What Was the Indian Response to “Indiana Jones and The Temple of Doom” Upon Release?
Indiana Jones and the Temple of Doom (1984) was largely shot in Sri Lanka and London. This wasn’t by choice, it was because the Indian government wouldn’t allow it to be shot there, finding the material racist and offensive.
Upon release, the film was originally banned in the country. It turns out a vastly populated country (primarily comprised of vegetarians) didn’t like being represented as a culture who eats monkey brains, snakes, beetles, and eyeball soup. The inaccurate depiction of the Goddess Kali also caused quite a stir, as Kali is not a destructive symbol of the underworld and evil as shown in the film. Kali is the Goddess of Change and Empowerment who only acts in the interest of overall positive change.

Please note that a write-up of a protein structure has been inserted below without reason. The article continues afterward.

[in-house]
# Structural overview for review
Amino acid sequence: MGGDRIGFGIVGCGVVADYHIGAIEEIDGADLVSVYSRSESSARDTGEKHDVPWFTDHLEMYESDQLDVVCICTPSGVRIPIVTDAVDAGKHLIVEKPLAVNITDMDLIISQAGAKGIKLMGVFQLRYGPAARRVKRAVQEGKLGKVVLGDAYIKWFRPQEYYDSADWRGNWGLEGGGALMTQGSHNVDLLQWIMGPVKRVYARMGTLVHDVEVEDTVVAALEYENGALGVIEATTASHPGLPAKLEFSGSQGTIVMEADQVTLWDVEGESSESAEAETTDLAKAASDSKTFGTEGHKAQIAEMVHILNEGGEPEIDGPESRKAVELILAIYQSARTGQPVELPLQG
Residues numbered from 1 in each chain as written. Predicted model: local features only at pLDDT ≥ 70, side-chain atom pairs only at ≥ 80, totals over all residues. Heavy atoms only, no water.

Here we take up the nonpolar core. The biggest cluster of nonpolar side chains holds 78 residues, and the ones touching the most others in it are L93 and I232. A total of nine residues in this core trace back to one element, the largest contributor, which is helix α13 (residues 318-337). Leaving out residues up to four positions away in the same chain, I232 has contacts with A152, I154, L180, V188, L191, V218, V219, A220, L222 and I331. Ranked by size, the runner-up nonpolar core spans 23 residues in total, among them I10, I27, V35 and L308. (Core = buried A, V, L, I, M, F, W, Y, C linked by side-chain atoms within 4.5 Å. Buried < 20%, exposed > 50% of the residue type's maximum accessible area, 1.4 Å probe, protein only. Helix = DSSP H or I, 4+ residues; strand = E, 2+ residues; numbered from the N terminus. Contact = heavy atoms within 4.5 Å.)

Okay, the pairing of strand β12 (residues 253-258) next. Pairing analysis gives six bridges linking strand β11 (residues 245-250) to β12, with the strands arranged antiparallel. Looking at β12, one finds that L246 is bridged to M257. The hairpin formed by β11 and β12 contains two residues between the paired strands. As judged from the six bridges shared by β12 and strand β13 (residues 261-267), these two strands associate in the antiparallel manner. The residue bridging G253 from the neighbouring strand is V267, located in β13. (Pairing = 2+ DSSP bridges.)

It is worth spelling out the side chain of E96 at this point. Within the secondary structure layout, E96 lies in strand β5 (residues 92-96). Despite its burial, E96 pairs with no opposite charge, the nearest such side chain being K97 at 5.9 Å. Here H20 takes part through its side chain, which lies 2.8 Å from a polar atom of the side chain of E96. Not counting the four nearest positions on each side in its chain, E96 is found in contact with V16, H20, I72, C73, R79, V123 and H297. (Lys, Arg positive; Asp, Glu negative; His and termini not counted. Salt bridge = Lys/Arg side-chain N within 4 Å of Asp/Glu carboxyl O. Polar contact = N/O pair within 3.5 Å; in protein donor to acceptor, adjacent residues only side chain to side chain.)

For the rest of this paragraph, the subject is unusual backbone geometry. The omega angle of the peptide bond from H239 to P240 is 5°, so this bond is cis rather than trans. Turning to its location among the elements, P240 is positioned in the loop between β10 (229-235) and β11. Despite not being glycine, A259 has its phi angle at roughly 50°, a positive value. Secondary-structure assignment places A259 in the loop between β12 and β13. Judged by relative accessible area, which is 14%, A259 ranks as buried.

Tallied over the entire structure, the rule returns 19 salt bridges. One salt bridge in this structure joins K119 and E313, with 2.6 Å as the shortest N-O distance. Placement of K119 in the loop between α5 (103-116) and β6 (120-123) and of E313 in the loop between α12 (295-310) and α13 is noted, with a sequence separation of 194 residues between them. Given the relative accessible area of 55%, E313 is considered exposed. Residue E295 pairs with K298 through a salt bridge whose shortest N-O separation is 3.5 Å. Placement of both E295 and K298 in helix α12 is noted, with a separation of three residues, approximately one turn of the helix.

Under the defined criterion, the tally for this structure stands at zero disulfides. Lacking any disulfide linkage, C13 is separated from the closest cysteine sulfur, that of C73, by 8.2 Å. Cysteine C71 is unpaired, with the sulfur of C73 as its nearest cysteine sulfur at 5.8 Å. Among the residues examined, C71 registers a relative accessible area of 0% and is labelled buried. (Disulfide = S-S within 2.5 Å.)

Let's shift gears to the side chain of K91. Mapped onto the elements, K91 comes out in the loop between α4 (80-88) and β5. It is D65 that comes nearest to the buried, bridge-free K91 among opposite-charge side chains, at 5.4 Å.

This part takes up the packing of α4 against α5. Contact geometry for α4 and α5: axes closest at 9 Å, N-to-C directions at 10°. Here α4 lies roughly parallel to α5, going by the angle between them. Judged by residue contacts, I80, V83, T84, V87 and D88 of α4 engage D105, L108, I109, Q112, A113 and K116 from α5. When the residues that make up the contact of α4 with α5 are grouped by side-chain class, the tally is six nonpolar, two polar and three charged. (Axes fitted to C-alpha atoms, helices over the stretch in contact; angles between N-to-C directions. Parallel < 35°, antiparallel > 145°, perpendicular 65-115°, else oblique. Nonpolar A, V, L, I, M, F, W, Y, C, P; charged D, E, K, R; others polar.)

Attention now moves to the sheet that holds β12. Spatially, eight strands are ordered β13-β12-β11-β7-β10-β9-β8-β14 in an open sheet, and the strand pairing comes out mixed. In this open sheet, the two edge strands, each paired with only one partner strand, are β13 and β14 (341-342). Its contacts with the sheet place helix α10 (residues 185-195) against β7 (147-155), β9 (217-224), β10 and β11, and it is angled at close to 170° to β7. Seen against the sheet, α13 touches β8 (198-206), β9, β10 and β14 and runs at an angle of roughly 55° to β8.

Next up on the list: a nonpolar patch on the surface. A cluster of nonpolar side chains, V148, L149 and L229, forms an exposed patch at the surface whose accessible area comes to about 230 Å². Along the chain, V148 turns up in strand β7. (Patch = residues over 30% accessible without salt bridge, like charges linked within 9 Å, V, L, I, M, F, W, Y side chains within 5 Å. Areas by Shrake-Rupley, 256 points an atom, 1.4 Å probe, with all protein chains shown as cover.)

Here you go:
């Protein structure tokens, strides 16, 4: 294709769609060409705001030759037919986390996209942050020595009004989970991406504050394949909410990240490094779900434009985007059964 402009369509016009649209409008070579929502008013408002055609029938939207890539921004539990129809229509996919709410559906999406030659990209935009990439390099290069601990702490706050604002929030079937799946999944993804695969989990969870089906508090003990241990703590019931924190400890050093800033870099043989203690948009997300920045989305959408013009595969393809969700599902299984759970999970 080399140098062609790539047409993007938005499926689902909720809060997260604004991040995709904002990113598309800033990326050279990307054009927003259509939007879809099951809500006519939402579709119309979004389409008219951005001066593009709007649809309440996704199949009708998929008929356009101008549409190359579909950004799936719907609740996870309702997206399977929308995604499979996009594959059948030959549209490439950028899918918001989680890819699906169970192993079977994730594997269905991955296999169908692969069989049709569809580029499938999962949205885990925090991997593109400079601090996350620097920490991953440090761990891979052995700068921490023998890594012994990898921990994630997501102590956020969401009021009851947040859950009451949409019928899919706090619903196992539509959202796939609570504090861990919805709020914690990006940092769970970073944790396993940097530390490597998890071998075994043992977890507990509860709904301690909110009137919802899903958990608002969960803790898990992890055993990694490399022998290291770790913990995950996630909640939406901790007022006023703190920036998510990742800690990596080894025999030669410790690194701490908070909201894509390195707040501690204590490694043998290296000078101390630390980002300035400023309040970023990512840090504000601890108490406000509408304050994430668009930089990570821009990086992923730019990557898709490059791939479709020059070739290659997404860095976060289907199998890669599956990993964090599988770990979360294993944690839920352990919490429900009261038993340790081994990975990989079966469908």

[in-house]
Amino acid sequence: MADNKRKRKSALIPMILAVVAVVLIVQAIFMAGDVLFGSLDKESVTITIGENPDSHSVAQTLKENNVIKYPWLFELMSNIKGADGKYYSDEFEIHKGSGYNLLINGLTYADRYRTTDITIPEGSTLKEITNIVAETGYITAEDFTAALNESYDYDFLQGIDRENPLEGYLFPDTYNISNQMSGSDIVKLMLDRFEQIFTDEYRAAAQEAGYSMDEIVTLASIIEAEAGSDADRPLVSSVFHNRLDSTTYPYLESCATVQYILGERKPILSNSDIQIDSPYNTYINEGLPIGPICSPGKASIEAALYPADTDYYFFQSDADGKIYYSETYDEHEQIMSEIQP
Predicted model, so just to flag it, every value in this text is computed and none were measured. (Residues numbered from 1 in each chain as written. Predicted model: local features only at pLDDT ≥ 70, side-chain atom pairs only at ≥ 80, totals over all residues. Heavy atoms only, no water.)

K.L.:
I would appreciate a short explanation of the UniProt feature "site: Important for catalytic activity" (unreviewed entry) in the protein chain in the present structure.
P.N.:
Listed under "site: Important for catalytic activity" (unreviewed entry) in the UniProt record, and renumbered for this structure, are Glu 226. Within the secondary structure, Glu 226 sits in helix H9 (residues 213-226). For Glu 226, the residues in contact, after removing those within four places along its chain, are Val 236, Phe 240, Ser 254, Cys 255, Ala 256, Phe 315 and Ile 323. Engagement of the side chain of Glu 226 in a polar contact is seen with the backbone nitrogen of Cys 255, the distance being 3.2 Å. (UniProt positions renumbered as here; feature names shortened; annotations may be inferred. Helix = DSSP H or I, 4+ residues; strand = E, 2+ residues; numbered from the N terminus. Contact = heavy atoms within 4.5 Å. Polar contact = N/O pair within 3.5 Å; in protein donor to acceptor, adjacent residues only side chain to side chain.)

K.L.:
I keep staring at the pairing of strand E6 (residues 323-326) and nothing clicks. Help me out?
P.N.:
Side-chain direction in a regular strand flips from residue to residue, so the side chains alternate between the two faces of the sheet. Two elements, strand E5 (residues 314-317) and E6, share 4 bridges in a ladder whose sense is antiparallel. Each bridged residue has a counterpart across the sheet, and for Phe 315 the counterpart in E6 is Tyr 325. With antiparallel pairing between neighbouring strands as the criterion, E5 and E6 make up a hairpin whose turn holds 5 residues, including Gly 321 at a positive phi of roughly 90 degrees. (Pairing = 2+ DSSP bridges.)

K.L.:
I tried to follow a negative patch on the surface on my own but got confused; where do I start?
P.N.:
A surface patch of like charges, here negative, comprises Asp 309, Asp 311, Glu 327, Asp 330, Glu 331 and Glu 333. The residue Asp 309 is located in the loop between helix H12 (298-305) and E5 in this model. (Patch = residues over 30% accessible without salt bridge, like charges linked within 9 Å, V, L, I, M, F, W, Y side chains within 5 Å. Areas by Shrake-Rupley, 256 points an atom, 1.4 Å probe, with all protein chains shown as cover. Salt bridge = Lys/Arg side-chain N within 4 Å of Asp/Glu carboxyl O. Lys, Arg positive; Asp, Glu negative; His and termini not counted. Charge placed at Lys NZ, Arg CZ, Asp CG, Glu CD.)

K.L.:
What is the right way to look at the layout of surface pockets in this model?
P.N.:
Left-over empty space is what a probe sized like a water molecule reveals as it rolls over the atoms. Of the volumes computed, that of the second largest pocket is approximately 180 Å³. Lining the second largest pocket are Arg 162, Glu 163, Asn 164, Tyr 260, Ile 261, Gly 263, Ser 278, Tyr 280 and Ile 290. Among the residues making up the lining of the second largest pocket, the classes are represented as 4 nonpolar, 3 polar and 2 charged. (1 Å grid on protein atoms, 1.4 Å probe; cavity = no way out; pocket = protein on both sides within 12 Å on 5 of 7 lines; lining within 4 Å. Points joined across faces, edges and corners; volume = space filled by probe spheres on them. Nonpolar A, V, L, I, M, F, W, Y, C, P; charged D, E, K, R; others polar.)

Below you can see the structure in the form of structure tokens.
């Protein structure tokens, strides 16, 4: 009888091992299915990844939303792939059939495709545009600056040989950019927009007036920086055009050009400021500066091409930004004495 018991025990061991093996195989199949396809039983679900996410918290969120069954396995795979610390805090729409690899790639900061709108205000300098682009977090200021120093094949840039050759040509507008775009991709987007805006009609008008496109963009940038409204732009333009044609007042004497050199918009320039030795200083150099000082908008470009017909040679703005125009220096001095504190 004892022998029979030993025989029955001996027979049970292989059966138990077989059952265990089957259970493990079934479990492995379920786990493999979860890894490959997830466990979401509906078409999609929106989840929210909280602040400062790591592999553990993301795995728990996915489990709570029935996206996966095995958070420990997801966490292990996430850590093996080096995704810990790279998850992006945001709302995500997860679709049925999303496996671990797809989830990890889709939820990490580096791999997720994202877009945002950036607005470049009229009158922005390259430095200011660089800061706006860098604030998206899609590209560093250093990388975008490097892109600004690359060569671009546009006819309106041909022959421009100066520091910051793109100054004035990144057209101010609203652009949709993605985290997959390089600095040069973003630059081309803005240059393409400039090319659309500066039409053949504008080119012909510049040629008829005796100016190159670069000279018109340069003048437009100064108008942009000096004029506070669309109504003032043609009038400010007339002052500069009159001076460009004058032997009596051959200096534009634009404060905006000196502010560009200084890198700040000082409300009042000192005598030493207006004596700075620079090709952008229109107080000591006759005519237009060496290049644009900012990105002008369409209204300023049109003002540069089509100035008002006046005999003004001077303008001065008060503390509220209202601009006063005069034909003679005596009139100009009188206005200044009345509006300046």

The cinematic trope of “The White Savior” also received backlash. This device is the idea that a white messiah character comes out of nowhere to save a nonwhite group from some terrible fate. Indiana Jones (Harrison Ford) falls from the sky into this Indian village to find he’s tasked as the only person capable of saving them all. Some view this as setting up a troubling Christian vs. Hindu dichotomy where Chrstianity is placed above Hinduism in importance. The village “couldn’t survive” without Jones’ help, placing the power of the white Christian westerner above that of the native Indian Hindus.